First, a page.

|Title||NGC 925 ULX-3: a key to understanding extreme ULX variability|
|Author||Dr Hannah Earnshaw|
|Description||We propose a broadband observation of the transient ULX, NGC 925 ULX-3, for 40ks with XMM-Newton quasi-simultaneous with a 100ks observation with NuSTAR. This source exhibits extreme levels of long-term variability of over a factor of 36, a feature also seen in several ULXs identified as neutron stars to date and linked to different possible mechanisms that are not well understood. We plan to trigger this observation when the source exceeds a flux of 6x10^−13 ergs-s-cm2, determined from an existing Swift monitoring campaign, allowing us to constrain its high-flux broadband spectrum. Coupled with this monitoring and a complementary proposal at a low flux, we will be able to build an understanding of the geometry and physical processes in play in this extreme accreting system.|
|Publication||No observations found associated with the current proposal|
|Instrument||EMOS1, EMOS2, EPN, OM, RGS1, RGS2|
|Mission Description||The European Space Agency's (ESA) X-ray Multi-Mirror Mission (XMM-Newton) was launched by an Ariane 504 on December 10th 1999. XMM-Newton is ESA's second cornerstone of the Horizon 2000 Science Programme. It carries 3 high throughput X-ray telescopes with an unprecedented effective area, and an optical monitor, the first flown on a X-ray observatory. The large collecting area and ability to make long uninterrupted exposures provide highly sensitive observations.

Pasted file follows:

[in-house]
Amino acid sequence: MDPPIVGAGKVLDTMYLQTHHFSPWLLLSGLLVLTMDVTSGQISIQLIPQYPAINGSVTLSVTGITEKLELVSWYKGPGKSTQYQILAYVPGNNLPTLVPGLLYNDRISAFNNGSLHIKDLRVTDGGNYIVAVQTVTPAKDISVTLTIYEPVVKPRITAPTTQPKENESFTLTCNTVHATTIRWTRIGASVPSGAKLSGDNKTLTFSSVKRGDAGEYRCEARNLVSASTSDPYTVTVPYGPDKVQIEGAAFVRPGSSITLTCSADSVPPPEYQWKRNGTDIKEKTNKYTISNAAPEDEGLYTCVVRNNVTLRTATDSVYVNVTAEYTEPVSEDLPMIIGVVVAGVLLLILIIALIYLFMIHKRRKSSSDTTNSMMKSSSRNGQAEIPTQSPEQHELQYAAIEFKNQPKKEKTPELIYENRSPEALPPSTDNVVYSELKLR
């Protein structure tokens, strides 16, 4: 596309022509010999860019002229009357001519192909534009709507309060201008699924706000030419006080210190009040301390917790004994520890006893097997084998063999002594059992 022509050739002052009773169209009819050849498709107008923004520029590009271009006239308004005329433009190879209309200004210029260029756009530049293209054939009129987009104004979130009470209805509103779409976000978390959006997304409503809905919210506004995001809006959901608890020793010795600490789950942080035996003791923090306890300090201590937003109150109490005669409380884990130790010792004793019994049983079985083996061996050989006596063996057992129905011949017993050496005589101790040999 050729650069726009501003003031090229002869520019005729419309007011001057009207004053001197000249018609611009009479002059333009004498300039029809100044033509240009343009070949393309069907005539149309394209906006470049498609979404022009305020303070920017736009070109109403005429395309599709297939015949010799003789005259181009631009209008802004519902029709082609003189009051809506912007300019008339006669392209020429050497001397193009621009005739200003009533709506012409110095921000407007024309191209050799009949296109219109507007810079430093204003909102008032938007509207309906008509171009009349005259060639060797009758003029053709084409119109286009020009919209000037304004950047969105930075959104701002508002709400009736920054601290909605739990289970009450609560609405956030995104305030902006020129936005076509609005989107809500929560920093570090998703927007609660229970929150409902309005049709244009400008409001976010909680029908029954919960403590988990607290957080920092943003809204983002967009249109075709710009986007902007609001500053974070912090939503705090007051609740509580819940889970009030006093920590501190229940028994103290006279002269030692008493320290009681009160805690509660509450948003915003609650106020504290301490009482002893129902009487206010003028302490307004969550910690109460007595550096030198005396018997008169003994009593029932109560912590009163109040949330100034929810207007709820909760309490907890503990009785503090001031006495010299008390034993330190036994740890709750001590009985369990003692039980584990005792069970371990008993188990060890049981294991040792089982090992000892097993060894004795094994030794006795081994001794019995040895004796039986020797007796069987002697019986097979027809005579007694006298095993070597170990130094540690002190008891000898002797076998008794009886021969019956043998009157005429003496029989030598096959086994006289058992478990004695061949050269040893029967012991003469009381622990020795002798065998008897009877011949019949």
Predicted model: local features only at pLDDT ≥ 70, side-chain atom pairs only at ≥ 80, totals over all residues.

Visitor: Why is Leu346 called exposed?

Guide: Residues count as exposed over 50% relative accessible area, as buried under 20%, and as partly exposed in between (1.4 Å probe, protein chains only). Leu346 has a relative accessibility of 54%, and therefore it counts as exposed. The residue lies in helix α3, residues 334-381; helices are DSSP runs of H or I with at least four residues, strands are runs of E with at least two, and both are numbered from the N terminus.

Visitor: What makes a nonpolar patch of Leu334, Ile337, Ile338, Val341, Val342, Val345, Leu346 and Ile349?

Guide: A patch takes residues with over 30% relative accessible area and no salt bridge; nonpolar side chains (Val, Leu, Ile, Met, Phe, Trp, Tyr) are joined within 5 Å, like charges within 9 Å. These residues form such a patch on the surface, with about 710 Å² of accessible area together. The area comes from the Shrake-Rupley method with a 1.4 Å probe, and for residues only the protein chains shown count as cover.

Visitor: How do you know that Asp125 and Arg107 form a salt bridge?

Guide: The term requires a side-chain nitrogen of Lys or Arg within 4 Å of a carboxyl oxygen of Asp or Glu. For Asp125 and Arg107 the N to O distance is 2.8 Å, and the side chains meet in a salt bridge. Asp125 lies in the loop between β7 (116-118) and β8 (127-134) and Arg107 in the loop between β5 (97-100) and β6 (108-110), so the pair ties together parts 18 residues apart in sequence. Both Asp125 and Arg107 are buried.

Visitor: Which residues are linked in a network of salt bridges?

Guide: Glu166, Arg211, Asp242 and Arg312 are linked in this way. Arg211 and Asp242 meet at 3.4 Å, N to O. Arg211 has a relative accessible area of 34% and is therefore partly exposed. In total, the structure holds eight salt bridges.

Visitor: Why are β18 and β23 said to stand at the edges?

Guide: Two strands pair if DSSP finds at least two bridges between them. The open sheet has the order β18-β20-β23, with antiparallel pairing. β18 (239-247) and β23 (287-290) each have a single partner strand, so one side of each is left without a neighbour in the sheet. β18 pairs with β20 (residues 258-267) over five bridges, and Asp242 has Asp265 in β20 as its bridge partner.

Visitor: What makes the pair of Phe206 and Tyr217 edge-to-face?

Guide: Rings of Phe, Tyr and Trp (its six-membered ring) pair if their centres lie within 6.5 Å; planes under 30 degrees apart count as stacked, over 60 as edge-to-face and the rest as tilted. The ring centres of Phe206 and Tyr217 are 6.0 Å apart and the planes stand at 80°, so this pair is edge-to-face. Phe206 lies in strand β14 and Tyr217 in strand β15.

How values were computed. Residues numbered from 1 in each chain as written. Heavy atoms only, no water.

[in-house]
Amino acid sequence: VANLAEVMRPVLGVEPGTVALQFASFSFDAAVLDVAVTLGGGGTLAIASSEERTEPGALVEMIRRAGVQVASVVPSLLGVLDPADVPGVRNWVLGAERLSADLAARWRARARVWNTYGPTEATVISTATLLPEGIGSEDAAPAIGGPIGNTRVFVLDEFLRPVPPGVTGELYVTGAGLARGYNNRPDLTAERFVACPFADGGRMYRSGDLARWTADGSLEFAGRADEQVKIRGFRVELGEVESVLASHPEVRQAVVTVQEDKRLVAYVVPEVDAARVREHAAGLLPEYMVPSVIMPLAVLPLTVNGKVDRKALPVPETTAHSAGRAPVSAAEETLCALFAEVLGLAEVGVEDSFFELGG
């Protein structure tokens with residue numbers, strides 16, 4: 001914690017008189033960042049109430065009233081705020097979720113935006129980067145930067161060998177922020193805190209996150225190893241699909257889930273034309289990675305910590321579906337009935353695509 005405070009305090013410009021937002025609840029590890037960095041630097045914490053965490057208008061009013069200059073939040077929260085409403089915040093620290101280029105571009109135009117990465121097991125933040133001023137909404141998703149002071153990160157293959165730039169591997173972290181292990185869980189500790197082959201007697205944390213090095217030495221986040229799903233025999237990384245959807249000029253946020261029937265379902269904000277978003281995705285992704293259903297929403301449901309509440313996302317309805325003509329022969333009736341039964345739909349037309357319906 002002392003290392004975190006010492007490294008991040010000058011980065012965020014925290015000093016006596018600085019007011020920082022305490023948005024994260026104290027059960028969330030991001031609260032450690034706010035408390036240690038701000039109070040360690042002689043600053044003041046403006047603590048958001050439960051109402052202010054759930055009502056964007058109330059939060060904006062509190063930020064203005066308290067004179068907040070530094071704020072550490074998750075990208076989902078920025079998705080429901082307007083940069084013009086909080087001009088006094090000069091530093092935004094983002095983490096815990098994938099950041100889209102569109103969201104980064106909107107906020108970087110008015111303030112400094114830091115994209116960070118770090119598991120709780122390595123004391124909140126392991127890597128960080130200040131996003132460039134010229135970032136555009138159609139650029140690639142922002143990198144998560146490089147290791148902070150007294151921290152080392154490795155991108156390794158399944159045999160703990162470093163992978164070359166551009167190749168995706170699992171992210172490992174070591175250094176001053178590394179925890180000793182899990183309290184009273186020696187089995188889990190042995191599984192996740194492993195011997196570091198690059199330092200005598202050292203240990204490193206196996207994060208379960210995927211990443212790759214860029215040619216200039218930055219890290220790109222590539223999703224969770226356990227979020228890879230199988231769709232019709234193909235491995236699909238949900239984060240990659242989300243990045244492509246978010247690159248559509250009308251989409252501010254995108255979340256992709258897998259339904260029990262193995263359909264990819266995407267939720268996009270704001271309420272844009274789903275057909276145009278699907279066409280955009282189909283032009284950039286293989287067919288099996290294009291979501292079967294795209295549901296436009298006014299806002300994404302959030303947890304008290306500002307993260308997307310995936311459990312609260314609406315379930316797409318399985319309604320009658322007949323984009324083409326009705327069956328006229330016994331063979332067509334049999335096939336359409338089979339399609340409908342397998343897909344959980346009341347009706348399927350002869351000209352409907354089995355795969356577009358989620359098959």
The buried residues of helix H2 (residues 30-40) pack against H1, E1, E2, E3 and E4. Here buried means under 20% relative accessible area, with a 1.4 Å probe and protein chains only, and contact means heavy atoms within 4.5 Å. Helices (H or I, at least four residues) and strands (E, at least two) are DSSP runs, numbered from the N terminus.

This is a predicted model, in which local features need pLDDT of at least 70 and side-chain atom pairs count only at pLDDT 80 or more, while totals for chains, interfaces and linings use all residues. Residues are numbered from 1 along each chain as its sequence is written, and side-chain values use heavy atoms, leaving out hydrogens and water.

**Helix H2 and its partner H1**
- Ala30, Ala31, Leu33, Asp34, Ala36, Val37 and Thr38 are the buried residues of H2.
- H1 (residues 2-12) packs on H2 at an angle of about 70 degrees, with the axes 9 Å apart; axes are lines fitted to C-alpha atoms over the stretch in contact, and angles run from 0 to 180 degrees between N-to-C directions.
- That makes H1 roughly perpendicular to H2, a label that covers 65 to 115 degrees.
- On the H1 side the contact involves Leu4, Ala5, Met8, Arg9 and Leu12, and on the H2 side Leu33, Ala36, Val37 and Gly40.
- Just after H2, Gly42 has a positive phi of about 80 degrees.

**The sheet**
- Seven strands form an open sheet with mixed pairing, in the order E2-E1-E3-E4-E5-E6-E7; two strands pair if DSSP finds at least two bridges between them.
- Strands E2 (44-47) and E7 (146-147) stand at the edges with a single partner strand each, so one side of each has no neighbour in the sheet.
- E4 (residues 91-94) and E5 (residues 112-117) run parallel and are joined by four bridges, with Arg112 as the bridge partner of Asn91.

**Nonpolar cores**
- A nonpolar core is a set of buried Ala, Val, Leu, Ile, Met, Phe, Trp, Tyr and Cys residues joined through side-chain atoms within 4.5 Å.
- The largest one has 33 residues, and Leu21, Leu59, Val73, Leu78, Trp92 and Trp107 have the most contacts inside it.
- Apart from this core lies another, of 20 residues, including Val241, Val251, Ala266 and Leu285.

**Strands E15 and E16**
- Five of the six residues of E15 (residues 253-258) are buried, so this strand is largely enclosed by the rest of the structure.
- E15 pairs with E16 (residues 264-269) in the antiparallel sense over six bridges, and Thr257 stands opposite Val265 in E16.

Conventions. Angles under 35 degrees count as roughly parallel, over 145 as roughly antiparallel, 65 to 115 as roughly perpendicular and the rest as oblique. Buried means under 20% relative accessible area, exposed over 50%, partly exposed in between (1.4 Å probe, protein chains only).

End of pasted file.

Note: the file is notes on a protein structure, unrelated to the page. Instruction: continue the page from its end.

Since Earth's atmosphere blocks out all X-rays, only a telescope in space can detect and study celestial X-ray sources. The XMM-Newton mission is helping scientists to solve a number of cosmic mysteries, ranging from the enigmatic black holes to the origins of the Universe itself. Observing time on XMM-Newton is being made available to the scientific community, applying for observational periods on a competitive basis.
|Publisher And Registrant||European Space Agency|
|Credit Guidelines||European Space Agency, 2021-11-24T00:00:00Z, 086276, 18.02_20200221_1200. https://doi.org/10.5270/esa-[xxxxxxx]|